In 2008, the Kenya government launched Vision 2030 an ambitious economic development blueprint aimed at transforming Kenya into an industrialized, middle-income state. One of the core projects of the Vision 2030 was the development of Konza Technology City, a technology hub dubbed the African Silicon Valley or Silicon Savannah. The Technology City’s ground-breaking ceremony took place in 2013, with projects set to take place in four to five year phases. The government also established the Konza Technopolis Development Authority (KoTDA) as a special purpose entity to facilitate the development of Konza.
In March, construction of the City’s first building begun at a cost of Kshs. 1.2 Billion. The building was set to host the offices of KOTDA besides hosting commercial and residential buildings. The government has in the mean time been inviting bidders for expression of interest for the construction of schools, roads with the city recently connected to electricity. Last year, there were reports that Korean Advanced Institute of Science and Technology (Kaist) was looking to open in Konza City. The University was at the time in talks with KOTDA and the Ministry of Education discussing the modalities of setting up the University.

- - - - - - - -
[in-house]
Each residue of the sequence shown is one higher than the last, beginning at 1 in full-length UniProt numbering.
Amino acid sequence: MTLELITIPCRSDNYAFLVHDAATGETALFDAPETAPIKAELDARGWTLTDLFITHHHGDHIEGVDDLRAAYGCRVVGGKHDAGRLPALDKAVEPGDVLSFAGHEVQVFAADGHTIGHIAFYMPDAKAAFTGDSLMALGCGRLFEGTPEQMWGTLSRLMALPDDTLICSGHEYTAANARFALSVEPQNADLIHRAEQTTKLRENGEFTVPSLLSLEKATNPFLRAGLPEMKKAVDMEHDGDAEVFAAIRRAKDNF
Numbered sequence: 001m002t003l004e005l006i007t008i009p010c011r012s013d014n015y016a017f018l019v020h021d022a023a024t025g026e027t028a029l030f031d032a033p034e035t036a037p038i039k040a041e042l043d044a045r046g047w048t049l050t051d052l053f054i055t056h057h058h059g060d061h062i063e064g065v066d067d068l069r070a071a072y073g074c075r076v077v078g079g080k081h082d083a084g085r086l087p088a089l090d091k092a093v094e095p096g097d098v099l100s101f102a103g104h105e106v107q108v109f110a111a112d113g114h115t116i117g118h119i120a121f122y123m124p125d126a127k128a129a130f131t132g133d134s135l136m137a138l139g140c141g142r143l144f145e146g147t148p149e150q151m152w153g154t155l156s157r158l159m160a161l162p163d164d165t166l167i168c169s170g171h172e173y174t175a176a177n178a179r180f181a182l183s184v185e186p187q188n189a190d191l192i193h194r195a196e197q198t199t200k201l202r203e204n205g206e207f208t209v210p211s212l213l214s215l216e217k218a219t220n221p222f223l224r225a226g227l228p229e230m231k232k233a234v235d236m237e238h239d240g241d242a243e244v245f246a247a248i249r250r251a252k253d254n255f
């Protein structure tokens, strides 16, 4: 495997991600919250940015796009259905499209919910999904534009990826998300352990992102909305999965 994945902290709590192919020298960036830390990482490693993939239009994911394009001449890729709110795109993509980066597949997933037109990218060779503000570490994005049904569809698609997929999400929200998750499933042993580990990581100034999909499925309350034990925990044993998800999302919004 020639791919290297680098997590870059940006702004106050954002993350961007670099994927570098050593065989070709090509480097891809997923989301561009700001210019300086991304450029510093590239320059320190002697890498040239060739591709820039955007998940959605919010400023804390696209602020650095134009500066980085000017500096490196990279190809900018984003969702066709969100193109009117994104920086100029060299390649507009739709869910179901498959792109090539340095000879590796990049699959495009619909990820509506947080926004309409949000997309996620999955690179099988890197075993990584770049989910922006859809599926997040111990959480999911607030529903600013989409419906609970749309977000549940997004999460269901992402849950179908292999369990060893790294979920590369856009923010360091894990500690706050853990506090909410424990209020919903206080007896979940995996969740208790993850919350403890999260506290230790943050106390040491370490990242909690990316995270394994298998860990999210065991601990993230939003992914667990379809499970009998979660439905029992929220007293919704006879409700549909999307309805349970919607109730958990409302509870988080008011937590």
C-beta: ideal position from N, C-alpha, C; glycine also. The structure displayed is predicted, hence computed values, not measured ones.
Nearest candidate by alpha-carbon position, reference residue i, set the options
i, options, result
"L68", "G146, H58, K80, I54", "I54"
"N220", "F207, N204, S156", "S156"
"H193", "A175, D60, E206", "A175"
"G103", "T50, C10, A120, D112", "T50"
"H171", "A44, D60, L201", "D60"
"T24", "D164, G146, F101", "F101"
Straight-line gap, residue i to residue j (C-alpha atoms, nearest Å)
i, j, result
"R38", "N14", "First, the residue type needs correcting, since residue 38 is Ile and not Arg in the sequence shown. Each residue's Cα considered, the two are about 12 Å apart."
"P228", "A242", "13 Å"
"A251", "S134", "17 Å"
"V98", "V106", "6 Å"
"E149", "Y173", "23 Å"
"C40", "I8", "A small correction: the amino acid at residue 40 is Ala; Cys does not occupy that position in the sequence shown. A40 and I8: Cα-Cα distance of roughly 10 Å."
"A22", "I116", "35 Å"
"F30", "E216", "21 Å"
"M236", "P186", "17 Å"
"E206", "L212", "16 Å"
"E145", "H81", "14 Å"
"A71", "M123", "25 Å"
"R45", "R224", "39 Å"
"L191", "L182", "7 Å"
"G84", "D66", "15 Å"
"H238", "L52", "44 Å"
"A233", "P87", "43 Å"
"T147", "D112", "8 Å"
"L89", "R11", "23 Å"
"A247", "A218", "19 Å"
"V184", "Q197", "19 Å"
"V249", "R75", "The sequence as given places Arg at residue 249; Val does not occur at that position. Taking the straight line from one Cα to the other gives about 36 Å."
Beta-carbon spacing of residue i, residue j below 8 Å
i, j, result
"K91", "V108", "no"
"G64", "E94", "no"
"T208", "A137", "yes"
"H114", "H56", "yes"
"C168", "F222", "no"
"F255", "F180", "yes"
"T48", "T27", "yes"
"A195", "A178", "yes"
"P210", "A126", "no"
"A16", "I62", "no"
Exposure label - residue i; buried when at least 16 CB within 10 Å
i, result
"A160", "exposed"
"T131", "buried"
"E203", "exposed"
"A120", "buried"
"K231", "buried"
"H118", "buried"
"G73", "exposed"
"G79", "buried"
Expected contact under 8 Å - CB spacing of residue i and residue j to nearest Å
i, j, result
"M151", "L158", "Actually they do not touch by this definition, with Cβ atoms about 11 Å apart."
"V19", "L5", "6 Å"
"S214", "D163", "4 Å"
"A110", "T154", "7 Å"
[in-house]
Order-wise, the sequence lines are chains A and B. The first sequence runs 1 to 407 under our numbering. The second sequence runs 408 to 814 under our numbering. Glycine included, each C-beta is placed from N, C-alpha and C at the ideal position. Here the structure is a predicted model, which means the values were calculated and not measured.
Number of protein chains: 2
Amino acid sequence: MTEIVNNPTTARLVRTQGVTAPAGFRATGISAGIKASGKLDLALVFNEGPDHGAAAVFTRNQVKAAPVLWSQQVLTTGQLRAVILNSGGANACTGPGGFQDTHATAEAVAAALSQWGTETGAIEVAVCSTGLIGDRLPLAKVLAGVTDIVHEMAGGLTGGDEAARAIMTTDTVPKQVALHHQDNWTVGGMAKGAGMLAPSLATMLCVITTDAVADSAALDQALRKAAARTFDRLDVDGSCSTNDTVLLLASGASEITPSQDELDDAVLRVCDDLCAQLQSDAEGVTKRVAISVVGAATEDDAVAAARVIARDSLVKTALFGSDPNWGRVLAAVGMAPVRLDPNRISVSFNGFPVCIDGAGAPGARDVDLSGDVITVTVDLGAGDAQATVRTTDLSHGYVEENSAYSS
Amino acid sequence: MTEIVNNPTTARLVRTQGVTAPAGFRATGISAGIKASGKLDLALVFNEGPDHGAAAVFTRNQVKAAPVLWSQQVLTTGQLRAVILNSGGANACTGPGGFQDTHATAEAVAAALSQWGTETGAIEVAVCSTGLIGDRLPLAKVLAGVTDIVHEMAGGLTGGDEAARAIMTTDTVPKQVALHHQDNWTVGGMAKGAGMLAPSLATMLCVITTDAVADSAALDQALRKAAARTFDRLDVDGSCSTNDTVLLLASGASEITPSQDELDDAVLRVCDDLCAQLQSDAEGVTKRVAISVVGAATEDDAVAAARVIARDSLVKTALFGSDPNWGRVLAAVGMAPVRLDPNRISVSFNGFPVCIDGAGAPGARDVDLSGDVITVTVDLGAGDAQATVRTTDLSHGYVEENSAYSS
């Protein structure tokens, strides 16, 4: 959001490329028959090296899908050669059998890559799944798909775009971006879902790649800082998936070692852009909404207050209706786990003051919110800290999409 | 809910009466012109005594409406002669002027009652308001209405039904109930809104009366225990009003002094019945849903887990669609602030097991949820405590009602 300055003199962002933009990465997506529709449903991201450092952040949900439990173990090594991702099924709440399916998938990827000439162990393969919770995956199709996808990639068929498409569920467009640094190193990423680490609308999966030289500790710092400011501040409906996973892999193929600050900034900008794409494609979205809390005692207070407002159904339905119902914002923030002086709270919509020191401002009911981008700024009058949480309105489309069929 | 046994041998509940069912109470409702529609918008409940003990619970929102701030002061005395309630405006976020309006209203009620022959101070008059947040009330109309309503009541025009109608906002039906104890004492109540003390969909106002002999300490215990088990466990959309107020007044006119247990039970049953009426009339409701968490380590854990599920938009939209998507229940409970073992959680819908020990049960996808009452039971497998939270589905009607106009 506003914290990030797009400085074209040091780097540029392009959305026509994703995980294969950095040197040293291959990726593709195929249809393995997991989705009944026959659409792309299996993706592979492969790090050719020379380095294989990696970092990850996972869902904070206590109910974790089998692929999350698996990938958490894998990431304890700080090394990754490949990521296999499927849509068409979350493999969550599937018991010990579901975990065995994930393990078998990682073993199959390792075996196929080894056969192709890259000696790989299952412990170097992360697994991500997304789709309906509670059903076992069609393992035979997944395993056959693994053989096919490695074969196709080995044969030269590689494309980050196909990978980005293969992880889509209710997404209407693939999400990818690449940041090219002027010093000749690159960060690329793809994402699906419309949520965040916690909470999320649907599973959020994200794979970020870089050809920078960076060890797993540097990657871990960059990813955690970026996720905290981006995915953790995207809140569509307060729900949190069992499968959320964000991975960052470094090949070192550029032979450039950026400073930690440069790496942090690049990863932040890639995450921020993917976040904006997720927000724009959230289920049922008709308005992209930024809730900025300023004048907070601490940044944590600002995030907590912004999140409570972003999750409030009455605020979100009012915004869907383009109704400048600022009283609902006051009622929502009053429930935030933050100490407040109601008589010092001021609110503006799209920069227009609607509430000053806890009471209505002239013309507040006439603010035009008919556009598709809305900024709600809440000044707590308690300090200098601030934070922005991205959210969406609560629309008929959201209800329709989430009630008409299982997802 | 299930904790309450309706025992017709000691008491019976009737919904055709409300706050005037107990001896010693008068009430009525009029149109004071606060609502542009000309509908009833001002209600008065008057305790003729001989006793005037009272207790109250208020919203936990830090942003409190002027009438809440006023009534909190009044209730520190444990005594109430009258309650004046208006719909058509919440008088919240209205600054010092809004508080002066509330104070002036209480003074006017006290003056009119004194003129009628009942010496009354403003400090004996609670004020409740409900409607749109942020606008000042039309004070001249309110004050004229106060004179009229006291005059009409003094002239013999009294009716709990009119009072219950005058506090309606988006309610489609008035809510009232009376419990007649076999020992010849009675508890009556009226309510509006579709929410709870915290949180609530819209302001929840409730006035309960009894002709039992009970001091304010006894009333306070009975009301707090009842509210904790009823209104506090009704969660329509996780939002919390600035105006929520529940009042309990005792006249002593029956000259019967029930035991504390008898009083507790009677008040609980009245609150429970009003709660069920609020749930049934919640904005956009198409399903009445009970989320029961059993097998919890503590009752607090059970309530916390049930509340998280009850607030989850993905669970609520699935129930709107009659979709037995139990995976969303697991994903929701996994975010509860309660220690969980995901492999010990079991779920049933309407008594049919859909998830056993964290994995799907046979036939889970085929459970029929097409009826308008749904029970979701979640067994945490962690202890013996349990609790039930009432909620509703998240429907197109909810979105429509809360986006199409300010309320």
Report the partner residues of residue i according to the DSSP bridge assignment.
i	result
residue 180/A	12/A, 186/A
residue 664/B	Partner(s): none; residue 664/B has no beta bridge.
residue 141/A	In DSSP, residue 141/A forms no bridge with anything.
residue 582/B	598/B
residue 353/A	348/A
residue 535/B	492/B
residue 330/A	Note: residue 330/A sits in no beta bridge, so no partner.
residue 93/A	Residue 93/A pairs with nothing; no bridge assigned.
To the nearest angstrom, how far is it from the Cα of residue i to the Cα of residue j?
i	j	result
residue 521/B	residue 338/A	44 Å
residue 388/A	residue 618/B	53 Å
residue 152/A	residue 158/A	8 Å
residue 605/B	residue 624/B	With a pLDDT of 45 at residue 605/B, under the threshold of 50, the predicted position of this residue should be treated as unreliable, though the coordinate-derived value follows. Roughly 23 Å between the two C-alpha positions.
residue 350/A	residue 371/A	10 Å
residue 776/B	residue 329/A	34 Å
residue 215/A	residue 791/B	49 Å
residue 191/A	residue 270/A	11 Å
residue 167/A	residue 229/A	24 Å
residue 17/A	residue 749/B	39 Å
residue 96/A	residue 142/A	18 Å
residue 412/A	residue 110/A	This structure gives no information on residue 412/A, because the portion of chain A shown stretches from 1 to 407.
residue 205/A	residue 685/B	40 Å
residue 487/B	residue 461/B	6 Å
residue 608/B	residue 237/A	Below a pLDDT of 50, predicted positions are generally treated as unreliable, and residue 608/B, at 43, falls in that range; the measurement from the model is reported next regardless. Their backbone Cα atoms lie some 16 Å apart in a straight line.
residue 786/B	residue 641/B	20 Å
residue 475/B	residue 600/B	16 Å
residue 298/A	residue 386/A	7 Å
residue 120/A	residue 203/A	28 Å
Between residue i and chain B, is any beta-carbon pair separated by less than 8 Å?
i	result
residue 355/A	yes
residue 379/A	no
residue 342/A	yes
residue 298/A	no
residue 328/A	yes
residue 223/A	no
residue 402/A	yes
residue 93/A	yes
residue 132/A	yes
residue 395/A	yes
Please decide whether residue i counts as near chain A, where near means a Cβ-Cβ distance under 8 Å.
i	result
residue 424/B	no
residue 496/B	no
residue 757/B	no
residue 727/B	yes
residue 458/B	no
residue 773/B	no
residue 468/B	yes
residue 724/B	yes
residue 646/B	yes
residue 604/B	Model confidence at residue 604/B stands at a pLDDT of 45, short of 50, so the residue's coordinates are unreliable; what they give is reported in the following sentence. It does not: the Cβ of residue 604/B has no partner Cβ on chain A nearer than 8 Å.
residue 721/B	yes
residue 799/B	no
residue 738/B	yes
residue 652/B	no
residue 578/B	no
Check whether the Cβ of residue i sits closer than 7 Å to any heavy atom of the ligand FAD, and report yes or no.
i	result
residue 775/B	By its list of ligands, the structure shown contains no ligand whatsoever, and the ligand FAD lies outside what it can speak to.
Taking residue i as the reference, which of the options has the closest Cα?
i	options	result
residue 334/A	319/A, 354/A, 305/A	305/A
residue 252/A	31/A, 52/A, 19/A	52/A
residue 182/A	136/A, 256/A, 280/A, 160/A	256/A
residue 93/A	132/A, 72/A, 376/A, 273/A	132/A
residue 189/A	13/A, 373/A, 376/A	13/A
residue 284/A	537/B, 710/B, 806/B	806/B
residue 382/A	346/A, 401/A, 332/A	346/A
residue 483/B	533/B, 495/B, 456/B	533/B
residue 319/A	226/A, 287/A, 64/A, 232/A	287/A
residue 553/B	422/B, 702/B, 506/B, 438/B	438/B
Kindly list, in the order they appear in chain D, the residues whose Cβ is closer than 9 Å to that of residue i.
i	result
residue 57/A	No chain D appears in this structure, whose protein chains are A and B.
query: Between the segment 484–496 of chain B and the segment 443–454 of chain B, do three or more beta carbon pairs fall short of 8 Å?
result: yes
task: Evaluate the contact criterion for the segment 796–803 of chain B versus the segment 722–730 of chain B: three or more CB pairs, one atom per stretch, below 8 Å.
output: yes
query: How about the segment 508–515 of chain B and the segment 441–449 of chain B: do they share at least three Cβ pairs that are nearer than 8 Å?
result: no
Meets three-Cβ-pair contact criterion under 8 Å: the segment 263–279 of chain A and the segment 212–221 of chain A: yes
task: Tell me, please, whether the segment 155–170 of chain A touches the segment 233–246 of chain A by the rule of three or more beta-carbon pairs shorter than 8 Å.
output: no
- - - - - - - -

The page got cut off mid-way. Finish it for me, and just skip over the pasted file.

According to Business Daily, the pact between Kenya and South Korea allowing for the setting up of the University will take place today. The project is slated to cost Kshs. 10 Billion and comprises of one of the deals to be signed during the state visit of South Korea President Park Geun-hye in Kenya.
[…] President Park Geun-hye in Kenya, an MOU was signed to allow for the construction of a Kshs. 10 Billion University by the Korean Advanced Institute of Science and Technology (KAIST). KOTDA has now announced a new […]
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